Dr. Dobb's is part of the Informa Tech Division of Informa PLC

This site is operated by a business or businesses owned by Informa PLC and all copyright resides with them. Informa PLC's registered office is 5 Howick Place, London SW1P 1WG. Registered in England and Wales. Number 8860726.

Channels ▼

Bil Lewis

Dr. Dobb's Bloggers

Self-Optimizing Data Structures

October 23, 2009

Why not?

Why should I have to spend my time thinking about how some data
structure will be used, just to select the best implementation? Why
can't the computer do that for me?

Let's say I want to have a list of stuff. In today's world, I have to
designate the implementation to be used:

List<Stuff> stuffs = new ArrayList<Stuff>();

But it may well be that a LinkedList would have been more
efficient. Or some other kind of list.

When I was building the Omniscient Debugger (See "Debugging
Backwards in Time" Dr Dobbs... 2005? Just Google "Omniscient"), I
found that I spent a massive amount of time creating lists and adding
things to them (almost never removing anything). I forget, but it was
90% of my CPU or more.

I studied the usage of lists and found a distinct pattern. 99.9% of
lists in situation 1 contained exactly 1 element, and 99% of lists in
situation 2 had 1 or 3 elements. I wrote two specialized list
implementations and my program ran 5x faster.

Why couldn't the computer have done that for me?

I can easily imagine a static optimizer. I'd write the program, run it
on a "representive" test case in "analysis" mode, and an analyzer
would post-process the results and cache suggestions for which list
implementations to use where. On the next run, my program would use
those suggestions and it would run faster.

[If we limit our choices to LinkedLists and ArrayLists, then the
decision is pretty simple. Allowing the machine to create new and
innovative implementions ala the Omniscient Debugger would be so much
more fun, however.]

But why do it statically?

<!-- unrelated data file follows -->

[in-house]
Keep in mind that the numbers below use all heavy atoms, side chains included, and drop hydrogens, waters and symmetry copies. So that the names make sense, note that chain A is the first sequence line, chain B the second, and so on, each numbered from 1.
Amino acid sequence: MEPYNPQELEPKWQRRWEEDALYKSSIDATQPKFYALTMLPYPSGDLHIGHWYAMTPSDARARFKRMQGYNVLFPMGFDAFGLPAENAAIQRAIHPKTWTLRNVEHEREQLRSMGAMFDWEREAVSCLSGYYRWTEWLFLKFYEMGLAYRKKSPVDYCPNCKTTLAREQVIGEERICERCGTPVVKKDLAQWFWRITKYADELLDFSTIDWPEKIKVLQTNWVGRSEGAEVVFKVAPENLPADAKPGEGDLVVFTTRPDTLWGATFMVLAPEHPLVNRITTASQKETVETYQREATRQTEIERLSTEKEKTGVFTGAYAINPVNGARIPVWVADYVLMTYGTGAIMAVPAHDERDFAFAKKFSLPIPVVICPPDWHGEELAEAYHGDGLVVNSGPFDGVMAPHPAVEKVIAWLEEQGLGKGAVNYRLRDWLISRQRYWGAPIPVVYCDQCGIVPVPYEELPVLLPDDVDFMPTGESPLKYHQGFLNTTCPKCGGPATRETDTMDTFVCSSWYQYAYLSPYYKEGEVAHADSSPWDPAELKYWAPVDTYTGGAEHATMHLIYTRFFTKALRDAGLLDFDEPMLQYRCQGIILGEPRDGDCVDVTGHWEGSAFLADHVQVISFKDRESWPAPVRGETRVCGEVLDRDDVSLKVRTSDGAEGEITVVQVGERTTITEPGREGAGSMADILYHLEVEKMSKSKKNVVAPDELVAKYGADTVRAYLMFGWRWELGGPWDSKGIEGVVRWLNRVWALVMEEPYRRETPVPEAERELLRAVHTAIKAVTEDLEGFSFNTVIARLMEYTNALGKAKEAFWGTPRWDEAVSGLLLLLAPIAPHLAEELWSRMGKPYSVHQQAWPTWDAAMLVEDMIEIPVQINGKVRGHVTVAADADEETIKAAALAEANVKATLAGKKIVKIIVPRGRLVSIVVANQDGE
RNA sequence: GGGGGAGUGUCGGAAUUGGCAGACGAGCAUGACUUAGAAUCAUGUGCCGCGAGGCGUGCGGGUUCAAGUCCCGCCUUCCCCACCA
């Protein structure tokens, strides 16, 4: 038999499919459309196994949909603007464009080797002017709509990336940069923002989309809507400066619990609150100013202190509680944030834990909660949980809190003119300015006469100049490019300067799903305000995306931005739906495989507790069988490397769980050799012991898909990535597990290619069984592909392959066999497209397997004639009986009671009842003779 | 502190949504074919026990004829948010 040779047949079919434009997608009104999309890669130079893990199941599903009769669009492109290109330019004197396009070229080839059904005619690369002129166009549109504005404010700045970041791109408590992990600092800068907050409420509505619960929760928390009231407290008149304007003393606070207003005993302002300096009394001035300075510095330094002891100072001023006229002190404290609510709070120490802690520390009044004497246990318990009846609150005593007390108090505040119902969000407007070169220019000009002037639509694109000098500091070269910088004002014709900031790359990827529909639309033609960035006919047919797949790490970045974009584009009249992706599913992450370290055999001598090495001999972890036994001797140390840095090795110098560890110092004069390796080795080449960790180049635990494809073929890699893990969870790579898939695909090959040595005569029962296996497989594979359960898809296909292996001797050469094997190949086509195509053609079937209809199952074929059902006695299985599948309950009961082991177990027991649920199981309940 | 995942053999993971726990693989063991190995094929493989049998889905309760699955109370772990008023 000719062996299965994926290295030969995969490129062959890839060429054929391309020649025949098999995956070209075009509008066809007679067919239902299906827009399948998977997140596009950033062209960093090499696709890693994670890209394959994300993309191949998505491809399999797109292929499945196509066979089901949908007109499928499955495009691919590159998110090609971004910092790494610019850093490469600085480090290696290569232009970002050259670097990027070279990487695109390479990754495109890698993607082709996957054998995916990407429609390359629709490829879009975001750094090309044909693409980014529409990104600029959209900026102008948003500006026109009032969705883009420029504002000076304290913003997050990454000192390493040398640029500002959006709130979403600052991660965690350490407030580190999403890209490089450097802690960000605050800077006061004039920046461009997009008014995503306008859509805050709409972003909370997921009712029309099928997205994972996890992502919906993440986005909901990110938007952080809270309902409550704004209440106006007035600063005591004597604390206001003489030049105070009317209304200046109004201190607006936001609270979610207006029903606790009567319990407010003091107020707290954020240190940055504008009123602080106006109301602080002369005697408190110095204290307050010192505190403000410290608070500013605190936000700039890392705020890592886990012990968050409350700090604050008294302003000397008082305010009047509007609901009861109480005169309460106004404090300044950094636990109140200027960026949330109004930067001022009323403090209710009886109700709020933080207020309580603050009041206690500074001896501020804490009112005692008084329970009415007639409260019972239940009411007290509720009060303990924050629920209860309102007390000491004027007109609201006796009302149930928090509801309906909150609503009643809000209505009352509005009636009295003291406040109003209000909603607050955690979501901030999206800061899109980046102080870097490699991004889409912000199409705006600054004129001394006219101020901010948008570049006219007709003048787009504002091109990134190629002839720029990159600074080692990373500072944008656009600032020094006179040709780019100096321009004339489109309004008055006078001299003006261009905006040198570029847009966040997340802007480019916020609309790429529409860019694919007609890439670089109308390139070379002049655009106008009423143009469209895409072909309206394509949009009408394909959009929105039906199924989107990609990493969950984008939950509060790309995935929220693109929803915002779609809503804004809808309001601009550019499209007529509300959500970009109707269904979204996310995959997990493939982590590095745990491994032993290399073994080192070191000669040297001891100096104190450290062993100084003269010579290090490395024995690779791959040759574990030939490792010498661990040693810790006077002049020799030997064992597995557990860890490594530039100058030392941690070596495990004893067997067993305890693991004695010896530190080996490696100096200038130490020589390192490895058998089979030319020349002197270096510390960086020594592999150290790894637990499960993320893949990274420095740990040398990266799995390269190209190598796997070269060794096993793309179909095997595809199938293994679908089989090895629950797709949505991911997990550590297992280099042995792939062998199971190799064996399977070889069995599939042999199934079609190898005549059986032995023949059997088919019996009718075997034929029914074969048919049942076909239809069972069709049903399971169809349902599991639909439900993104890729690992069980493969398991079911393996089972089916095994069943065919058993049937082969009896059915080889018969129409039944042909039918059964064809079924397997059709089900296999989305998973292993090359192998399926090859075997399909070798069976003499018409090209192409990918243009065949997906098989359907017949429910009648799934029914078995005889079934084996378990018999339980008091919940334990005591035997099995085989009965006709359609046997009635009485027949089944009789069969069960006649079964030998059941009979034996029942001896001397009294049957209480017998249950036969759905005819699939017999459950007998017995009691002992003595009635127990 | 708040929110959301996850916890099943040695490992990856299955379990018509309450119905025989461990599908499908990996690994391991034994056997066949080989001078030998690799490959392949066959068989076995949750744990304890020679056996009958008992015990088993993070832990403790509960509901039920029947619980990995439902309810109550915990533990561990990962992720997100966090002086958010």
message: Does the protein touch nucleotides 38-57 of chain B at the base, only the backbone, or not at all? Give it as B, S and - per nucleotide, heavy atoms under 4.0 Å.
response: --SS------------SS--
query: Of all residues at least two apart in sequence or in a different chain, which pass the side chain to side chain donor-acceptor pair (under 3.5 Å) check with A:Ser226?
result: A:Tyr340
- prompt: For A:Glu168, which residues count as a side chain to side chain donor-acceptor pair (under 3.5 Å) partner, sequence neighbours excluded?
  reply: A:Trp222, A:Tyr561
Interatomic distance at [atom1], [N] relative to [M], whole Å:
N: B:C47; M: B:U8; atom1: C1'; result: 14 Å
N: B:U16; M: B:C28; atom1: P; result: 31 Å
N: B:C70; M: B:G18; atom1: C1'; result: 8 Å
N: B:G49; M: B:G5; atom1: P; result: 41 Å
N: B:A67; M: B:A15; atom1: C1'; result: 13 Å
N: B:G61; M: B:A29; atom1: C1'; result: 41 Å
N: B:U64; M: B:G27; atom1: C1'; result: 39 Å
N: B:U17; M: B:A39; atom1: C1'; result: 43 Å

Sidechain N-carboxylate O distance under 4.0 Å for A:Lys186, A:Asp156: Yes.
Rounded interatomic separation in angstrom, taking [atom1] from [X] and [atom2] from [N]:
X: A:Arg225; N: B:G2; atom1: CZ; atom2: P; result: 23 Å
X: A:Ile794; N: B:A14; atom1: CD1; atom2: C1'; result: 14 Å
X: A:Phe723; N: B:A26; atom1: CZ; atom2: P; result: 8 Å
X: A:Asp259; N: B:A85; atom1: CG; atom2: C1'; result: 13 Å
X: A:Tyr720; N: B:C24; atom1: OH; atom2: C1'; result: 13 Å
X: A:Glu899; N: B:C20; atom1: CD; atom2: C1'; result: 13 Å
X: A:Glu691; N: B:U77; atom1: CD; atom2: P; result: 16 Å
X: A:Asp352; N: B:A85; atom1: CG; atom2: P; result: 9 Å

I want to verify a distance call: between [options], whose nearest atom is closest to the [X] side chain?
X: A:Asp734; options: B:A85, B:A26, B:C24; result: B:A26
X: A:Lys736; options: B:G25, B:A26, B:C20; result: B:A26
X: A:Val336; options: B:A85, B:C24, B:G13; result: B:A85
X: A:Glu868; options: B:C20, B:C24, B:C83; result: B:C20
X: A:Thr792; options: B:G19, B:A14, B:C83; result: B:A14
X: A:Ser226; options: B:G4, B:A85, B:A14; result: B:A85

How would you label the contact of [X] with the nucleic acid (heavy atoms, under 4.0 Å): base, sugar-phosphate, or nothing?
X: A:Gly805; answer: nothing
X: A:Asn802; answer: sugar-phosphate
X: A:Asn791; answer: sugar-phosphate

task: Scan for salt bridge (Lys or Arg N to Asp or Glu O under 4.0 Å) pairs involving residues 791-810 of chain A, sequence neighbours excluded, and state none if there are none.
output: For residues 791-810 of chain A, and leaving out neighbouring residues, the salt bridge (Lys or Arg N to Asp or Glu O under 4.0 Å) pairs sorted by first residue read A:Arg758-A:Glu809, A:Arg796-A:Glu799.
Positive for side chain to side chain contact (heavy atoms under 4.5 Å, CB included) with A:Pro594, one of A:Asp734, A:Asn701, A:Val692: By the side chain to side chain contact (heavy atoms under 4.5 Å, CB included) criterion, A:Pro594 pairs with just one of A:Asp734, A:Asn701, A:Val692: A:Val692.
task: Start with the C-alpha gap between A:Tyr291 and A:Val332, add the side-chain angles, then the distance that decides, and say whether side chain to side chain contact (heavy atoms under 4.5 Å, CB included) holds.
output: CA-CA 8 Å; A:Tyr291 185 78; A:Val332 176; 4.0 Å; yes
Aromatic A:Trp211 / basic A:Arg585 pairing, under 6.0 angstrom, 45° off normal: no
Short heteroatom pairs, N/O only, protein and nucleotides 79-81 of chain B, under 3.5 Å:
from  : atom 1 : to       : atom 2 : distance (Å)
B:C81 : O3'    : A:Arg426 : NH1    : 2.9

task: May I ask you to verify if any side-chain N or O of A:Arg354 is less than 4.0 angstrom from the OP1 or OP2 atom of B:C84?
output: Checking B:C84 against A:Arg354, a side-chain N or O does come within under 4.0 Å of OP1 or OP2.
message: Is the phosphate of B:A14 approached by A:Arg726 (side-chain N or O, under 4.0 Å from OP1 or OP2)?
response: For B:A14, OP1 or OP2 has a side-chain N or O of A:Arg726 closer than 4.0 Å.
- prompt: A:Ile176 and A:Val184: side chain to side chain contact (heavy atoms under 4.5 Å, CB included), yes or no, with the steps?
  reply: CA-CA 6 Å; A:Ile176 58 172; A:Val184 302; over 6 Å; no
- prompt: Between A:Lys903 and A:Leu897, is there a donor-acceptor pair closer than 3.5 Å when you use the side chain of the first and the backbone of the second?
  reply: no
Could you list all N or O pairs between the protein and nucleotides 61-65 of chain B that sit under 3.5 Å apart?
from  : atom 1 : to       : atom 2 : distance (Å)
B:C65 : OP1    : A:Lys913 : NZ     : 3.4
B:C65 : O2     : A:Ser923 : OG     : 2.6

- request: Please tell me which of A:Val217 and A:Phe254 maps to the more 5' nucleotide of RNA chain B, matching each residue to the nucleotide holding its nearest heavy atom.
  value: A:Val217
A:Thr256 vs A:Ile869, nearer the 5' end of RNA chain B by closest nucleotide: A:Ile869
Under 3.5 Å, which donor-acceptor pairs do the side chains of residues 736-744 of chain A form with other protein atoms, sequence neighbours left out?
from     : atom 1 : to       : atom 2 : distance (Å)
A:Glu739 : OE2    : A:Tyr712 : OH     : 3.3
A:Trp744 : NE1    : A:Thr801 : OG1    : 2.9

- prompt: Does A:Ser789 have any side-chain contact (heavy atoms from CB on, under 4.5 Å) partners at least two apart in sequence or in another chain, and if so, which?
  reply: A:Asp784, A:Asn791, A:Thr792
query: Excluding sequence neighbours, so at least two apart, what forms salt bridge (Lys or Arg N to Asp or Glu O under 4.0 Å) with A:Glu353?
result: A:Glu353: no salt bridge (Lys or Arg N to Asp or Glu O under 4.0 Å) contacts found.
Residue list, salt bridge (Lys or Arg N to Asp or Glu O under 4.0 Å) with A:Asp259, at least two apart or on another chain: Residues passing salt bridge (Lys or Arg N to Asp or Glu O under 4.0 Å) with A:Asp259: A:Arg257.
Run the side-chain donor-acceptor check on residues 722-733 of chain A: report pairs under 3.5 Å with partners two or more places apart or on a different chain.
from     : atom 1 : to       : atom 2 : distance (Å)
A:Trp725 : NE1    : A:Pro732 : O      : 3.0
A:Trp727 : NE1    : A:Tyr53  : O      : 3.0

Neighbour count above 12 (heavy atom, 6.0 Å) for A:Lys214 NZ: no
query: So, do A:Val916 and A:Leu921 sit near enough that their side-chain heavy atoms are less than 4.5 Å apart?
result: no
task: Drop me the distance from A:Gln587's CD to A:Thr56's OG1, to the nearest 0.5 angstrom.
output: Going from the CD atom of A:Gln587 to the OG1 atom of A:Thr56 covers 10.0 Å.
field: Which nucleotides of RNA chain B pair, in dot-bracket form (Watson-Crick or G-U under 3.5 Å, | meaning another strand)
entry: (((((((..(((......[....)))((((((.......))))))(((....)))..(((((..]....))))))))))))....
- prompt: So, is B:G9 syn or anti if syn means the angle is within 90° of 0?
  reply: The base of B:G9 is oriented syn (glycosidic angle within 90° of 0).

Why not just let the program run and refine the data structures being
used dynamically?

The Sun Hot Spot dynamic complier does something pretty much like this
for compiling byte code to native instructions, including backing out
previously compiled code and recompiling, when required.

So it's definitely possible.

Would it be worth it?


Related Reading

More Insights

Currently we allow the following HTML tags in comments:

Single tags

These tags can be used alone and don't need an ending tag.

<br> Defines a single line break

<hr> Defines a horizontal line

Matching tags

These require an ending tag - e.g. <i>italic text</i>

<a> Defines an anchor

<b> Defines bold text

<big> Defines big text

<blockquote> Defines a long quotation

<caption> Defines a table caption

<cite> Defines a citation

<code> Defines computer code text

<em> Defines emphasized text

<fieldset> Defines a border around elements in a form

<h1> This is heading 1

<h2> This is heading 2

<h3> This is heading 3

<h4> This is heading 4

<h5> This is heading 5

<h6> This is heading 6

<i> Defines italic text

<p> Defines a paragraph

<pre> Defines preformatted text

<q> Defines a short quotation

<samp> Defines sample computer code text

<small> Defines small text

<span> Defines a section in a document

<s> Defines strikethrough text

<strike> Defines strikethrough text

<strong> Defines strong text

<sub> Defines subscripted text

<sup> Defines superscripted text

<u> Defines underlined text

Dr. Dobb's encourages readers to engage in spirited, healthy debate, including taking us to task. However, Dr. Dobb's moderates all comments posted to our site, and reserves the right to modify or remove any content that it determines to be derogatory, offensive, inflammatory, vulgar, irrelevant/off-topic, racist or obvious marketing or spam. Dr. Dobb's further reserves the right to disable the profile of any commenter participating in said activities.

Disqus Tips To upload an avatar photo, first complete your Disqus profile. | View the list of supported HTML tags you can use to style comments. | Please read our commenting policy.